A mountain lion pounced on and attacked two dogs in a Southeast Boise backyard in the early morning of May 22, killing one and wounding the other, according to a report from KTVB Channel 7.
Loralee Bafford let her two pups, Buddy and Holly, into her backyard around 5:30 a.m. May 22. She heard a small yelp, she told KTVB, and went outside with a baseball bat to investigate. Bafford managed to scare the cat away by hitting the fence with the bat.
Idaho Fish and Game officers found Holly dead near the backyard. Officers said the bite marks on Holly and Buddy are consistent with those of a mountain lion, but have yet to find the animal.
"It could be anywhere," Evin Oneale of IDFG told reporters.
In May 2012, Boise Police shot and killed a mountain lion near Boise State University, after the cat eluded officials for weeks, frightening residents and taking down a deer near the densely-populated Warm Springs Boulevard.
Election officials in Canyon County will asks voters in Middleton for a do-over.
This morning's Idaho Press-Tribune reports that nearly two dozen voters in Middleton were assigned to the incorrect school zone during the May 21 election. Making matters worse, the unofficial results of a school board election ended in a time between Marc Gunning and Steve Cluff for the district's Zone 2 trustee position. The error surfaced during a review of the ballots May 22.
The number of incorrect ballots was high enough to trigger another election, but when and how to conduct the new vote will need to be decided by the Idaho Secretary of State's office.
Tim Hurst, chief deputy of the election division at the Secretary of State’s office, told the Press-Tribune it was too early to comment on possible next steps.
Responding to a burglary alarm near the 2000 block of N. 34th Street early the morning of May 23, around midnight, Boise Police found two suspects inside a fenced area of a business and attempted to make contact before the pair fled on foot.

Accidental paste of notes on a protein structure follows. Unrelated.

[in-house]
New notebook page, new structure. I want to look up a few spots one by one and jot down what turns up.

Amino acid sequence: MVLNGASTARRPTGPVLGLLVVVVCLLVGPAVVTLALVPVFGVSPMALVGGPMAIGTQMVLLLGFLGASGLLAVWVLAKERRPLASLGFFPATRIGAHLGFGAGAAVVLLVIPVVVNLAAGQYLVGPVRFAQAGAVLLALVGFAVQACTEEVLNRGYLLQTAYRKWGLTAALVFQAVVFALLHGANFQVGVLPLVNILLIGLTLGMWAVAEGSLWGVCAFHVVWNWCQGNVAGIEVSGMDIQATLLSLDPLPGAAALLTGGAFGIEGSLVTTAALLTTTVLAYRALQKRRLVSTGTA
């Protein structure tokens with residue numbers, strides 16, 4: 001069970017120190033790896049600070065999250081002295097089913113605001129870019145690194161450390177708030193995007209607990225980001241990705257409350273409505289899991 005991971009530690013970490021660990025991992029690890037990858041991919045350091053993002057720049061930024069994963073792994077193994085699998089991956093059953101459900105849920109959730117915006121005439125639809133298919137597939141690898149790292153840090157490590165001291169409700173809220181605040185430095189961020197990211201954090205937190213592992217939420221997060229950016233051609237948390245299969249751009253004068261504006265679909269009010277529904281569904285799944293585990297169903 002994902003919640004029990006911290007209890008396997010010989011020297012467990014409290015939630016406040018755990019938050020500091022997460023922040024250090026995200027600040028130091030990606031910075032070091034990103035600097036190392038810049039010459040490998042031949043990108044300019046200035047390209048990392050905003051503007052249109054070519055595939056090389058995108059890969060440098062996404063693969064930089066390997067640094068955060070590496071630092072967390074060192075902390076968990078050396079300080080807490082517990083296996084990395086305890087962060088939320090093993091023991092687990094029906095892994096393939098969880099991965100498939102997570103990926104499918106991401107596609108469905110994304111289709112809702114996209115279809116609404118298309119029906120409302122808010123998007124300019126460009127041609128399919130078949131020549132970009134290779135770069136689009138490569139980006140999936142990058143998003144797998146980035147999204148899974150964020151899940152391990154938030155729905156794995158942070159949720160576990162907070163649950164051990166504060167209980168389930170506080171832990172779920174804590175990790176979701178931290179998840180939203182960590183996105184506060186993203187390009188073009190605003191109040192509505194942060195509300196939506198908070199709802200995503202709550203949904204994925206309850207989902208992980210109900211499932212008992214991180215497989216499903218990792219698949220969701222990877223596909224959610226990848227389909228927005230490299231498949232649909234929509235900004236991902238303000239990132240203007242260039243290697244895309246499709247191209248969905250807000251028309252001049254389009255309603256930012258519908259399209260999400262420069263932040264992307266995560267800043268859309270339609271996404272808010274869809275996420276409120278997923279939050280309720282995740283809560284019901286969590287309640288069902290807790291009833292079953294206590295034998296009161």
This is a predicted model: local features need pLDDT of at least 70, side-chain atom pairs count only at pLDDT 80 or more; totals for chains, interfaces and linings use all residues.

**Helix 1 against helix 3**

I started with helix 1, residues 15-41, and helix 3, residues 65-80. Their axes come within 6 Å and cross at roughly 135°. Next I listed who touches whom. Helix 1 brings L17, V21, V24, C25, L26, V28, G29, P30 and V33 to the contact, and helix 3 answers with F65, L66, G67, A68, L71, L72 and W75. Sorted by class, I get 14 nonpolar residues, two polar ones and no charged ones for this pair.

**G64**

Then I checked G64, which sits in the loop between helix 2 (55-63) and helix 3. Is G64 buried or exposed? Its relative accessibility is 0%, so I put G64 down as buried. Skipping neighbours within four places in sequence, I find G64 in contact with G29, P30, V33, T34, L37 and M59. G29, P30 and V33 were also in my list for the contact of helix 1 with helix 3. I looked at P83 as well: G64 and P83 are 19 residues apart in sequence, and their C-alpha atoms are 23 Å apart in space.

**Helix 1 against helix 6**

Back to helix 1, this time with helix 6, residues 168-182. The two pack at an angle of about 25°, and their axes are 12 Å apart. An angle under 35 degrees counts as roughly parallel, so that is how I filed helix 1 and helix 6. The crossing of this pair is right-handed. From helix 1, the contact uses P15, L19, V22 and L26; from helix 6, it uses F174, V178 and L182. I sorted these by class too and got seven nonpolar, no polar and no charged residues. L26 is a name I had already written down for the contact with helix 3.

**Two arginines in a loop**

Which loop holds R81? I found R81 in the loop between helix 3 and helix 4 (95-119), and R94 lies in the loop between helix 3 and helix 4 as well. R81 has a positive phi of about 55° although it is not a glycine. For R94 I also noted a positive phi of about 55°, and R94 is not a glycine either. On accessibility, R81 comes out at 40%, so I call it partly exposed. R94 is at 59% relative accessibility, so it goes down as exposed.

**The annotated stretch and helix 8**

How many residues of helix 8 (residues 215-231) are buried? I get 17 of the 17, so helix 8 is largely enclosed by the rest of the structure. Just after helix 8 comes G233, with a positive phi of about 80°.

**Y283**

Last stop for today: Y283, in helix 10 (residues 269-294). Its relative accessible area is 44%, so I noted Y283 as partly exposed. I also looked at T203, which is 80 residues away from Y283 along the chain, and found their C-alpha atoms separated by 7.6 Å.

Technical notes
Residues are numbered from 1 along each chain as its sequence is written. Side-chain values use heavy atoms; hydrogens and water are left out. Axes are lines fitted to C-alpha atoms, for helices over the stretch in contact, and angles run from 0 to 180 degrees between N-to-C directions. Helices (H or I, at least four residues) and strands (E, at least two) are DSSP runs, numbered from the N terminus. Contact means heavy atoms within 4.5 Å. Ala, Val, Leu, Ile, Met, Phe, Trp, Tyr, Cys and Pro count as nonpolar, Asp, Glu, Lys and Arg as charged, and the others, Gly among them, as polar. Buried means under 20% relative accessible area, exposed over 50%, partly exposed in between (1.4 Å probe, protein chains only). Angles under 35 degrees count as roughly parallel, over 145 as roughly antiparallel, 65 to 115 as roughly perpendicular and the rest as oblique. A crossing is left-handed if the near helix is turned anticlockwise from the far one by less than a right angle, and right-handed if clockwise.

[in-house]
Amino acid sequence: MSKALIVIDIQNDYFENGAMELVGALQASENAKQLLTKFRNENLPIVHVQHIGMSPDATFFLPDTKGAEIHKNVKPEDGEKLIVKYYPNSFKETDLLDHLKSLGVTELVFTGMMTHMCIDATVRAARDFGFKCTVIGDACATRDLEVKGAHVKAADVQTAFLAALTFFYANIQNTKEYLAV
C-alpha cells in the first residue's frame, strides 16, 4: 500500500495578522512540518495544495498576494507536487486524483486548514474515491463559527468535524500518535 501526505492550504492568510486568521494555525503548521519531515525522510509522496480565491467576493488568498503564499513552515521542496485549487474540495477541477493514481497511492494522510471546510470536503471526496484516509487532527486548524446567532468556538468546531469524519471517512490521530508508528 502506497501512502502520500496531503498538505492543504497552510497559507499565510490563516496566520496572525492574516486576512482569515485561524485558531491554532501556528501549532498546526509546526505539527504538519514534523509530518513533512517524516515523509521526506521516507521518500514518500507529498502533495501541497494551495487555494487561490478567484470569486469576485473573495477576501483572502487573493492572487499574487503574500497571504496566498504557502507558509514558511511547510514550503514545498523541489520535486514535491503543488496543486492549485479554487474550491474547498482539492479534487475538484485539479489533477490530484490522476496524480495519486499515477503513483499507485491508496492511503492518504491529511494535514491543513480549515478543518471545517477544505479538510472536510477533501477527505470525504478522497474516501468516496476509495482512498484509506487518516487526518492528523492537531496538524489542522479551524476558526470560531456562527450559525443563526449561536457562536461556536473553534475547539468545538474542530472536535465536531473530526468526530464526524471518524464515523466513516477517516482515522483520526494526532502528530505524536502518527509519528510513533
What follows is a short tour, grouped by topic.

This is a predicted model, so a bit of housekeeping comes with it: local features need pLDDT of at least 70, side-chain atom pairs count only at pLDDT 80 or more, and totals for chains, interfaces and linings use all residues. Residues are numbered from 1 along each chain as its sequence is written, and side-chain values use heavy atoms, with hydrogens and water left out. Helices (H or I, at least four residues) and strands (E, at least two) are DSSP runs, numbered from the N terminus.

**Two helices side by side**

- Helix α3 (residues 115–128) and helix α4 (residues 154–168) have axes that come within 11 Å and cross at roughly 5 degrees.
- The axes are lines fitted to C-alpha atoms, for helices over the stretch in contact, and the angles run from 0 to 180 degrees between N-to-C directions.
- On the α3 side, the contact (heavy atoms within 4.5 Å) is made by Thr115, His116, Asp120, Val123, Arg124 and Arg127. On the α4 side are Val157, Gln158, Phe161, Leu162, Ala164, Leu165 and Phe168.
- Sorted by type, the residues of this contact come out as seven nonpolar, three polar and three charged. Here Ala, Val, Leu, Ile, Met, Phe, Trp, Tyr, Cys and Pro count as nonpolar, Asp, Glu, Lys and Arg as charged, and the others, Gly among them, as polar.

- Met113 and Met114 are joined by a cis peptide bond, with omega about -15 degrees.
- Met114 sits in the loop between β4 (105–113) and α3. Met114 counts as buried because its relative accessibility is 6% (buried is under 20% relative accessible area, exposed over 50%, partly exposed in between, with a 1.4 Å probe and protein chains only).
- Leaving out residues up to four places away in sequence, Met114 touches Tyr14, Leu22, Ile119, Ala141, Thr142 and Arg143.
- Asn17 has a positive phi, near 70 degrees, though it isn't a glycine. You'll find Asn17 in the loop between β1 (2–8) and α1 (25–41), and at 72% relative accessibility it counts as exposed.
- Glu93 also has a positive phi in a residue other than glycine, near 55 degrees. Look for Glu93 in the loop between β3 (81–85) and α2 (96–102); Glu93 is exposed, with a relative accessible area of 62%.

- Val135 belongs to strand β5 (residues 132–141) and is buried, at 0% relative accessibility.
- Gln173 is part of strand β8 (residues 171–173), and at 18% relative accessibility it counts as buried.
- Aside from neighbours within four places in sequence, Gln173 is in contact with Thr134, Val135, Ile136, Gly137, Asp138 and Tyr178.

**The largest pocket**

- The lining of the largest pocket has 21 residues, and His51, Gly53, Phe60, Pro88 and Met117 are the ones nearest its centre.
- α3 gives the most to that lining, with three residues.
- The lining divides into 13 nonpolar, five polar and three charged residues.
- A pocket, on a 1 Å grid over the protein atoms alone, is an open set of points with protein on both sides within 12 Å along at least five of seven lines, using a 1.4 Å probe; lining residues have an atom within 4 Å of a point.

18-year-old Brandyn L. Thompson and 20-year-old Joshua L. Thompson, both of Boise, were arrested on felony burglary charges after officers took the pair into custody a short distance away. An investigation revealed the pair planned to burglarize the compound, according to BPD.
Hours earlier, at around 9 p.m. May 22, Boise Police stopped a vehicle after an illegal lane change near S. Orchard Street and the freeway.
"Kamo," a Boise Police K-9, alerted officers the vehicle may contain illegal drugs. After a search of the vehicle, officers found 419 grams of marijuana in zip lock bags, 11 oxycontin pills, scales and pipes, according to a release.
25-year-old Bryan S. Shely Jr., of Veneta, Ore., was booked on felony and misdemeanor possession charges.
It's graduation season.
And one of Boise's most emotional ceremonies will be this evening as 16 young ladies are honored as graduates of the Marian Pritchett School.
You may know it better as Boise's school for pregnant teens and unwed mothers or the Booth Home. The North End school was renamed in 2002 for its longtime social studies instructor Marian Pritchett. Today, through a unique funding agreement between the Salvation Army and the Boise School District, the doors stay open at the school as young women complete their high school educations under the same roof which provides day care and effective parenting lessons. The school boasts a negligible dropout rate and a nearly-100 percent graduation rate.
This evening's ceremony will feature a special presentation for each graduate. Some students read, some sing, a lot of baby pictures are shared and almost everyone cries.